Car Safety

Ford recalls Fusion for seatbelt, seat issues

About 681,000 cars affected by faulty front seatbelt pretensioners

Ford started with a clean sheet of paper, or more likely, a blank CAD screen, when it redesigned the mid-size Fusion for 2013. Sleek styling, loads of refinement and world-class technology have contributed to one pretty exciting package, owners agreed. It was offered with a variety of four-cylinder engines, including three different turbocharged powerplants, as well as the normally aspirated 2.5-L unit. Turns out the turbo engines are not delivering the promised fuel savings and in some cases only spawned headaches for owners.

Ford is recalling Fusion sedans for two separate issues involving seats and seatbelt systems.

An extensive recall of sedans dating back to 2013 is meant to address an issue with the front seatbelt anchor pretensioners, the safety feature that snugs up seatbelts in preparation for a crash to eliminate excessive body movement in relation to crash forces.

The devices work in a manner similar to the way an airbag works, with an explosion that triggers a device to quickly yank the buckle assembly downward. It deploys just prior to the airbag deployment.

In the recalled cars, the increased temperatures generated during the deployment could cause the pretensioning cables to separate, which would prevent them from working in the way they need to, and therefore not protect the seat occupant properly and increase the risk of injury in the ensuing crash. Ford is aware of two incidents involving the issue, resulting in two injuries.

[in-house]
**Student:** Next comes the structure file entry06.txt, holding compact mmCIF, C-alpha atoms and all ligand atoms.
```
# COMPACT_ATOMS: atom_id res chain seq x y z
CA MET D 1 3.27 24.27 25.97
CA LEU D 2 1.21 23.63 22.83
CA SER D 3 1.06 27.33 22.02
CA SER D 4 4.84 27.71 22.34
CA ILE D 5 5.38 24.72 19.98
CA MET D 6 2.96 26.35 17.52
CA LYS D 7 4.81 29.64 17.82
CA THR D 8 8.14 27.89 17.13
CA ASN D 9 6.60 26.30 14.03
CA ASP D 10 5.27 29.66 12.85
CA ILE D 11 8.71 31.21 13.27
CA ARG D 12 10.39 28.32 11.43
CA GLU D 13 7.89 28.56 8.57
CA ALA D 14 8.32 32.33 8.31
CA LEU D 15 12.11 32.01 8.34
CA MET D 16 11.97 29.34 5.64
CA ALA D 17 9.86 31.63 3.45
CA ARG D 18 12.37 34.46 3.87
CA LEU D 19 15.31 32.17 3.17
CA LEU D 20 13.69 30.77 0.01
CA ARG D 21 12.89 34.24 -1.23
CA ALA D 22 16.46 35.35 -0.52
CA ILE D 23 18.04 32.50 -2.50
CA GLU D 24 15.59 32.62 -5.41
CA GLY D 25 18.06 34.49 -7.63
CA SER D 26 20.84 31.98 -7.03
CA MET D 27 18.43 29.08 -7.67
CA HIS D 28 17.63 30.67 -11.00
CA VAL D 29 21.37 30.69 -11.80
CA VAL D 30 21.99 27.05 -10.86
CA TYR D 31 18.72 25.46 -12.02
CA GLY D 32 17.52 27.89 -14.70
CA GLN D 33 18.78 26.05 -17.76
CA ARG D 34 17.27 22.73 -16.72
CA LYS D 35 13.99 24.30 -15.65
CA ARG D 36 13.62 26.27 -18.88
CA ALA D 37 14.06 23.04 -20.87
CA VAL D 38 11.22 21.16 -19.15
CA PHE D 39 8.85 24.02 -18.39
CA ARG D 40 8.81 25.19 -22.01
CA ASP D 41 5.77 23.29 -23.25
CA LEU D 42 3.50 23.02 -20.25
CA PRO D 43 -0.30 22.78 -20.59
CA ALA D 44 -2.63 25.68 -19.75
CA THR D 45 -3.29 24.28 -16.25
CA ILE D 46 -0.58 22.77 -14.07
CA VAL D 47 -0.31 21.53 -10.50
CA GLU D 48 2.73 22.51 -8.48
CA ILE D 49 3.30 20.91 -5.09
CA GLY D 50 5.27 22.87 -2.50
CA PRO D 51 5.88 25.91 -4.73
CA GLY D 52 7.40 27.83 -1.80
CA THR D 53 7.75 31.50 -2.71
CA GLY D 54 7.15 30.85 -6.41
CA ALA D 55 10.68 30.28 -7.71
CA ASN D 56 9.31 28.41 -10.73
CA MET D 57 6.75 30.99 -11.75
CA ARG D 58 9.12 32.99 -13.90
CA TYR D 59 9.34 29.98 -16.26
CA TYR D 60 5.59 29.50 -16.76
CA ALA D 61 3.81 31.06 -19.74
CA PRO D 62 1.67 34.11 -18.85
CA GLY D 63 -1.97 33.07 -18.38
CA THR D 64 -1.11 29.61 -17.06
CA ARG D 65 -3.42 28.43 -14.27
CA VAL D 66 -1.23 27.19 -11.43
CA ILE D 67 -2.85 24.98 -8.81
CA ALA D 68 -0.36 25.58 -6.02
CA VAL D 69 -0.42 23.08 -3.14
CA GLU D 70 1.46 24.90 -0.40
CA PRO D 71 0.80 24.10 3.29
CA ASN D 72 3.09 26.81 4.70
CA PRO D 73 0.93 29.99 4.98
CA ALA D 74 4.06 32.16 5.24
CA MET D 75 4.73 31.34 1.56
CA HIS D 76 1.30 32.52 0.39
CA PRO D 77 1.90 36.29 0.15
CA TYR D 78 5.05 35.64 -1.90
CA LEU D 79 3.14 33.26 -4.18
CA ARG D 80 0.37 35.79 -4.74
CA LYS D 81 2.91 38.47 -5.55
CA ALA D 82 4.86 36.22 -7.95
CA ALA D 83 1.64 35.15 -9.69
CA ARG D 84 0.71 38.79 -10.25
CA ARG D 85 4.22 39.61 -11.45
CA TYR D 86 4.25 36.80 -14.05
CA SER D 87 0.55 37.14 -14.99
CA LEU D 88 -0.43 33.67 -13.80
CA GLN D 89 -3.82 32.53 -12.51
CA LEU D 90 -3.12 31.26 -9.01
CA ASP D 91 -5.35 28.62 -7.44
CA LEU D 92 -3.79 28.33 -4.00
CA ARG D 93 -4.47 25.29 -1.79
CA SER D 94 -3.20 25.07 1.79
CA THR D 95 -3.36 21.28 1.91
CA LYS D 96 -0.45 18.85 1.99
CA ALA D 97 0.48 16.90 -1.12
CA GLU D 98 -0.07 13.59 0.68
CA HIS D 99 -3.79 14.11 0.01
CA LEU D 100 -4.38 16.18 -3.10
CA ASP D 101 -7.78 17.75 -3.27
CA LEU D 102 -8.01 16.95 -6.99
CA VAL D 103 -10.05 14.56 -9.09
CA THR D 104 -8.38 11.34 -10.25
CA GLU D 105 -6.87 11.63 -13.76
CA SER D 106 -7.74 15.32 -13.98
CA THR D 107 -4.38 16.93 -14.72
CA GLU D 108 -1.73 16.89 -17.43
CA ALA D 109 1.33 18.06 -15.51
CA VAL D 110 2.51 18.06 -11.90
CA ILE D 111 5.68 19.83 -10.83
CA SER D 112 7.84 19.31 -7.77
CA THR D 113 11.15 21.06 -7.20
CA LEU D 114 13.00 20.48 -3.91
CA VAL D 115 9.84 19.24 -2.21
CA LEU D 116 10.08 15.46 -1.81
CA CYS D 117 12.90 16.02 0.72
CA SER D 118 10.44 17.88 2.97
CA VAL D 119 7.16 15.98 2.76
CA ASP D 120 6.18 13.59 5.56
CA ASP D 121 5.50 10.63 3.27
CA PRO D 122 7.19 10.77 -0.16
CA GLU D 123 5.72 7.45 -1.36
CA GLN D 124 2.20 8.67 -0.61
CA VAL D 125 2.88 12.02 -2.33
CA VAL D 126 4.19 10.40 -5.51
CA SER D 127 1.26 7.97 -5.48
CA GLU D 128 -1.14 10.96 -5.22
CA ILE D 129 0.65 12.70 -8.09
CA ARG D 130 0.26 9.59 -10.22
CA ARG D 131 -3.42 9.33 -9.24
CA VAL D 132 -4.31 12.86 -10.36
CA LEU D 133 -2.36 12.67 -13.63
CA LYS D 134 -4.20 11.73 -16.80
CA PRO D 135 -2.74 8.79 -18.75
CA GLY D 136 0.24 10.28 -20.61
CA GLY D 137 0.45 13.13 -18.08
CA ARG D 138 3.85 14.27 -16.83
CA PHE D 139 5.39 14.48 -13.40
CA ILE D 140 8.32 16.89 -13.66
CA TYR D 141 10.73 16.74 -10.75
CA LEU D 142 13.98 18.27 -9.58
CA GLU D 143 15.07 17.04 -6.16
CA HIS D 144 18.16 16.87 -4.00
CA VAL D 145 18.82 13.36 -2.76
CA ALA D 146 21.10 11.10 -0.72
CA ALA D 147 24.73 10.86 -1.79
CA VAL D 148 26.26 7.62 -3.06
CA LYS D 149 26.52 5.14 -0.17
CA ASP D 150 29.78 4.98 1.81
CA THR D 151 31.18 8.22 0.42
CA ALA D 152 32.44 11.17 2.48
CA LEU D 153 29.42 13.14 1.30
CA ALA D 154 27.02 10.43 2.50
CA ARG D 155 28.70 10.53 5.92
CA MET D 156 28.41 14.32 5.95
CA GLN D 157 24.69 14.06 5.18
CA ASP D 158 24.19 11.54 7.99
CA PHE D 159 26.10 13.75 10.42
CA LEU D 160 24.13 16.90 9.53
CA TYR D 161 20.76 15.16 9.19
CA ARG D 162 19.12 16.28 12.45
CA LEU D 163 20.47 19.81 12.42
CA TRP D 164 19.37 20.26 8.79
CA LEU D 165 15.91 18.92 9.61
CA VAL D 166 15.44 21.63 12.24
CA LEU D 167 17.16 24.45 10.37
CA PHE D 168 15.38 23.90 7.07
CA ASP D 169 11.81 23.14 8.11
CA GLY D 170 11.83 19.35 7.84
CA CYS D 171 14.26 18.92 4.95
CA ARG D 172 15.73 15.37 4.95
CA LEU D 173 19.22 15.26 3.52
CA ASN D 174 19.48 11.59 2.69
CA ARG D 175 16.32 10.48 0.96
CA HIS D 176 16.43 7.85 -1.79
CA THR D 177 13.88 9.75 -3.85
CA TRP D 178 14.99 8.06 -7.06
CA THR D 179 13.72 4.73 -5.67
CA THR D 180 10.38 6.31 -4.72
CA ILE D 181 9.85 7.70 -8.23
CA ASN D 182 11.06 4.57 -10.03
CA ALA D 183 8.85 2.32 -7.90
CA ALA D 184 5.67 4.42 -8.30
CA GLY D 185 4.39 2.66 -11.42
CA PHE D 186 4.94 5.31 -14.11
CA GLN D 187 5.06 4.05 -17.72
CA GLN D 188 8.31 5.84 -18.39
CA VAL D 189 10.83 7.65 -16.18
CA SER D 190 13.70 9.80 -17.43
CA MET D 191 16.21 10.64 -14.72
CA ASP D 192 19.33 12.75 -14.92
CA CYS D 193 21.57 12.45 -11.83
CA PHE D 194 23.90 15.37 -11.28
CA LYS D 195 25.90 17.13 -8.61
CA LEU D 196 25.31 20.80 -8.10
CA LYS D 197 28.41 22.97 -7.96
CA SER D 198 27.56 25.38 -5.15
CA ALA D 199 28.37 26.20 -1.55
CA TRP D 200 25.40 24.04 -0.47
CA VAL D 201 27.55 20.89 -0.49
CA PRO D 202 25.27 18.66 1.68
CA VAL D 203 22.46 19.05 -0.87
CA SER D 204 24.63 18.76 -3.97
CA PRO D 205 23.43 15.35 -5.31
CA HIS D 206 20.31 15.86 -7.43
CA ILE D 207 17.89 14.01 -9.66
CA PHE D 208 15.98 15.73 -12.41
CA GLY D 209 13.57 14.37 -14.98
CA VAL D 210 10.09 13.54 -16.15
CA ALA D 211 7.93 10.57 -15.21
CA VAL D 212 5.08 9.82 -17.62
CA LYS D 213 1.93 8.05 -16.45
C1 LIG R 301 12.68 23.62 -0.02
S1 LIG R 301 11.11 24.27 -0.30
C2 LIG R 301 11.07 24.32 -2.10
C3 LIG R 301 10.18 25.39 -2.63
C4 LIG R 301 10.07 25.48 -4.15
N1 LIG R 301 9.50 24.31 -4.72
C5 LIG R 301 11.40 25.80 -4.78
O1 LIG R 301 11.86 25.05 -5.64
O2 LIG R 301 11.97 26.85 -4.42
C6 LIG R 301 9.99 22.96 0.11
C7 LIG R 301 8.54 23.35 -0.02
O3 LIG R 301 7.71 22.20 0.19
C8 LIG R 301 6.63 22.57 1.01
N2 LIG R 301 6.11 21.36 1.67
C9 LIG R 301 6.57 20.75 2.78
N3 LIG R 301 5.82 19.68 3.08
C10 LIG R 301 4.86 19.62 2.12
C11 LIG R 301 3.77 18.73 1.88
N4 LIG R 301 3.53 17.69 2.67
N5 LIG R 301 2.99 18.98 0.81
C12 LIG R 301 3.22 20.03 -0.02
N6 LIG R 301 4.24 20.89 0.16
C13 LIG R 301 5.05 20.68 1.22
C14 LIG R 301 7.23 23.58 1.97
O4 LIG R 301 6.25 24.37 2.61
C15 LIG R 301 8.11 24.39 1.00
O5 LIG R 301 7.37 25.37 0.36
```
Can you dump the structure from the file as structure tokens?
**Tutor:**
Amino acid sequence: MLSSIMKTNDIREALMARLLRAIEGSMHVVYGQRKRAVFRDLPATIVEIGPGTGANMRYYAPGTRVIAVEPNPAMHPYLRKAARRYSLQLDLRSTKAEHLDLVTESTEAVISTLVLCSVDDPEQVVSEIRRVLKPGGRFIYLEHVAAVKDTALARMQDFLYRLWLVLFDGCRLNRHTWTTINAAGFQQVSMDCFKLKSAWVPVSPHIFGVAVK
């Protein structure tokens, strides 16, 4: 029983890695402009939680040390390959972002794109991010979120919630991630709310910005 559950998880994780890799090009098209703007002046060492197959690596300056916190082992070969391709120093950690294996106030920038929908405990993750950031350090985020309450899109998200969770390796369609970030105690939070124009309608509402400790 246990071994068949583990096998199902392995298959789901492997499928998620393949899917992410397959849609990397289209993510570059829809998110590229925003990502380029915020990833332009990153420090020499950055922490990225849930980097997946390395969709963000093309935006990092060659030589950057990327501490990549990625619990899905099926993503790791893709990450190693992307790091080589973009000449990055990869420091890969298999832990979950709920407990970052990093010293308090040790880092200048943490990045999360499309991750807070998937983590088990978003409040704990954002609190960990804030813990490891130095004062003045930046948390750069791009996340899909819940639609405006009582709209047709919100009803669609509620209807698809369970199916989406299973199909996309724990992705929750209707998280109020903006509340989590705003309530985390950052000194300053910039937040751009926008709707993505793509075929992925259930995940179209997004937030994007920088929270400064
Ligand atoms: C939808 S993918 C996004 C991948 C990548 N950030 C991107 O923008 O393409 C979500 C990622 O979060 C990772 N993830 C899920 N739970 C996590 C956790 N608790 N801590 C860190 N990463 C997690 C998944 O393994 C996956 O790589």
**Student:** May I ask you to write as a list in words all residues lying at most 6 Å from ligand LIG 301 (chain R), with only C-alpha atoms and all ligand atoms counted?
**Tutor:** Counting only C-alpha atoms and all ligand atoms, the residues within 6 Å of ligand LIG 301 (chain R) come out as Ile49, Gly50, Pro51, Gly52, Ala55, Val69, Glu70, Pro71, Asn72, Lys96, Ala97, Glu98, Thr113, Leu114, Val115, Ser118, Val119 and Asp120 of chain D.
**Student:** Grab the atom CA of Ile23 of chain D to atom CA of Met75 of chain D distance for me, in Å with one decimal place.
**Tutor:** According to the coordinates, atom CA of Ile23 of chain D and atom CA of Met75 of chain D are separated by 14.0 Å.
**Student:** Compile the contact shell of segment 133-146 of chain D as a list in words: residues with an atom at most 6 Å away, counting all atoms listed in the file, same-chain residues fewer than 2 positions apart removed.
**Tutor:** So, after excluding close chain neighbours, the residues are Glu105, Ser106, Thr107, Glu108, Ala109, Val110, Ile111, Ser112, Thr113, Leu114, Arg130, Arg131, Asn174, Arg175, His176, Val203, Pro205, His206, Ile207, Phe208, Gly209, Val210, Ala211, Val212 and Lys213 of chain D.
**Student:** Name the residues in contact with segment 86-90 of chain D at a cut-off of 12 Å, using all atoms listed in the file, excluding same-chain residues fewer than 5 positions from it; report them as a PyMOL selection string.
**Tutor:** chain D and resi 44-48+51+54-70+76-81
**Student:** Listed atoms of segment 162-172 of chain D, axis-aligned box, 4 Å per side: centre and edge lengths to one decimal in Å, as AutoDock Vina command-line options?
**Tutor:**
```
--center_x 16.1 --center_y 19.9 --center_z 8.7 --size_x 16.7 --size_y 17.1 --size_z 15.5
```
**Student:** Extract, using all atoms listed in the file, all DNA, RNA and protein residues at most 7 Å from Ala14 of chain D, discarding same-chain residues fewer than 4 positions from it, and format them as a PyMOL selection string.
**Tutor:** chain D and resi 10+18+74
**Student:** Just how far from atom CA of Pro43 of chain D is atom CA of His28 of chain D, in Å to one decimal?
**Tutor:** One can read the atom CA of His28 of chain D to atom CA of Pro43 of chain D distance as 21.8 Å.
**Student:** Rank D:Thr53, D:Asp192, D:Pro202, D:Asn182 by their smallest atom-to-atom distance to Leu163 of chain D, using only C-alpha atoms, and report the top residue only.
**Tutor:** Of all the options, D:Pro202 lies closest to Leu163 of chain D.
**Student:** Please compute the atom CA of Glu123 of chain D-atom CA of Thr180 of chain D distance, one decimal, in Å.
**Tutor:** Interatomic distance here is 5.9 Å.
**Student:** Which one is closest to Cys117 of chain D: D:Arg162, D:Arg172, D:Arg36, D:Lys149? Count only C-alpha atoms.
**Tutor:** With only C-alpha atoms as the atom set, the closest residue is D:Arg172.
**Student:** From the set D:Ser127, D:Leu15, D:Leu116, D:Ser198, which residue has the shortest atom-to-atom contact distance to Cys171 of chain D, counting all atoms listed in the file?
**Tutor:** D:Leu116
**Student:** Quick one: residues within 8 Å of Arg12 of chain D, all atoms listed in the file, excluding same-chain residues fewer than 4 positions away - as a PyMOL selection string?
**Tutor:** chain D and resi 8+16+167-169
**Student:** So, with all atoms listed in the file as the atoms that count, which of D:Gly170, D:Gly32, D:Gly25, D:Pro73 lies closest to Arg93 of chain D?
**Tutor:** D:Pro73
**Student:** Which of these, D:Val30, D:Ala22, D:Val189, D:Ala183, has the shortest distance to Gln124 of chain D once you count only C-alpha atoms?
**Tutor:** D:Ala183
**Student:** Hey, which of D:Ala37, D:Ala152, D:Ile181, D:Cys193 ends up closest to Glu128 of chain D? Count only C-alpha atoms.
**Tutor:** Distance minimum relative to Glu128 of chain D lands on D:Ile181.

Dealers will inject an insulator into the seatbelt anchor pretensioners to coat the cables to protect them from the increased temperatures without hampering their operation.

It affects Fusions from model years 2013-16, Lincoln MKZs from 2013-2015 and Ford Mondeos from 2015-16. It affects 680,872 cars, 602,739 of which are in the United States, 35,614 in Canada, 8,665 in Mexico and 653 in US territories.

Meanwhile 2017 Fusions are being recalled to replace the seatback frame in the rear left seat (the wider part of the 60/40 split/folding rear seatback), which may have been produced with improperly welded pivot pins. The improperly fabricated structure might not restrain cargo in the trunk in the event of a crash, which might result in injury to cabin occupants (though Ford is not aware of any incidents or injuries).

Just 27 cars are affected and only 2 in Canada. Dealers will replace the seatback.

Car Safety


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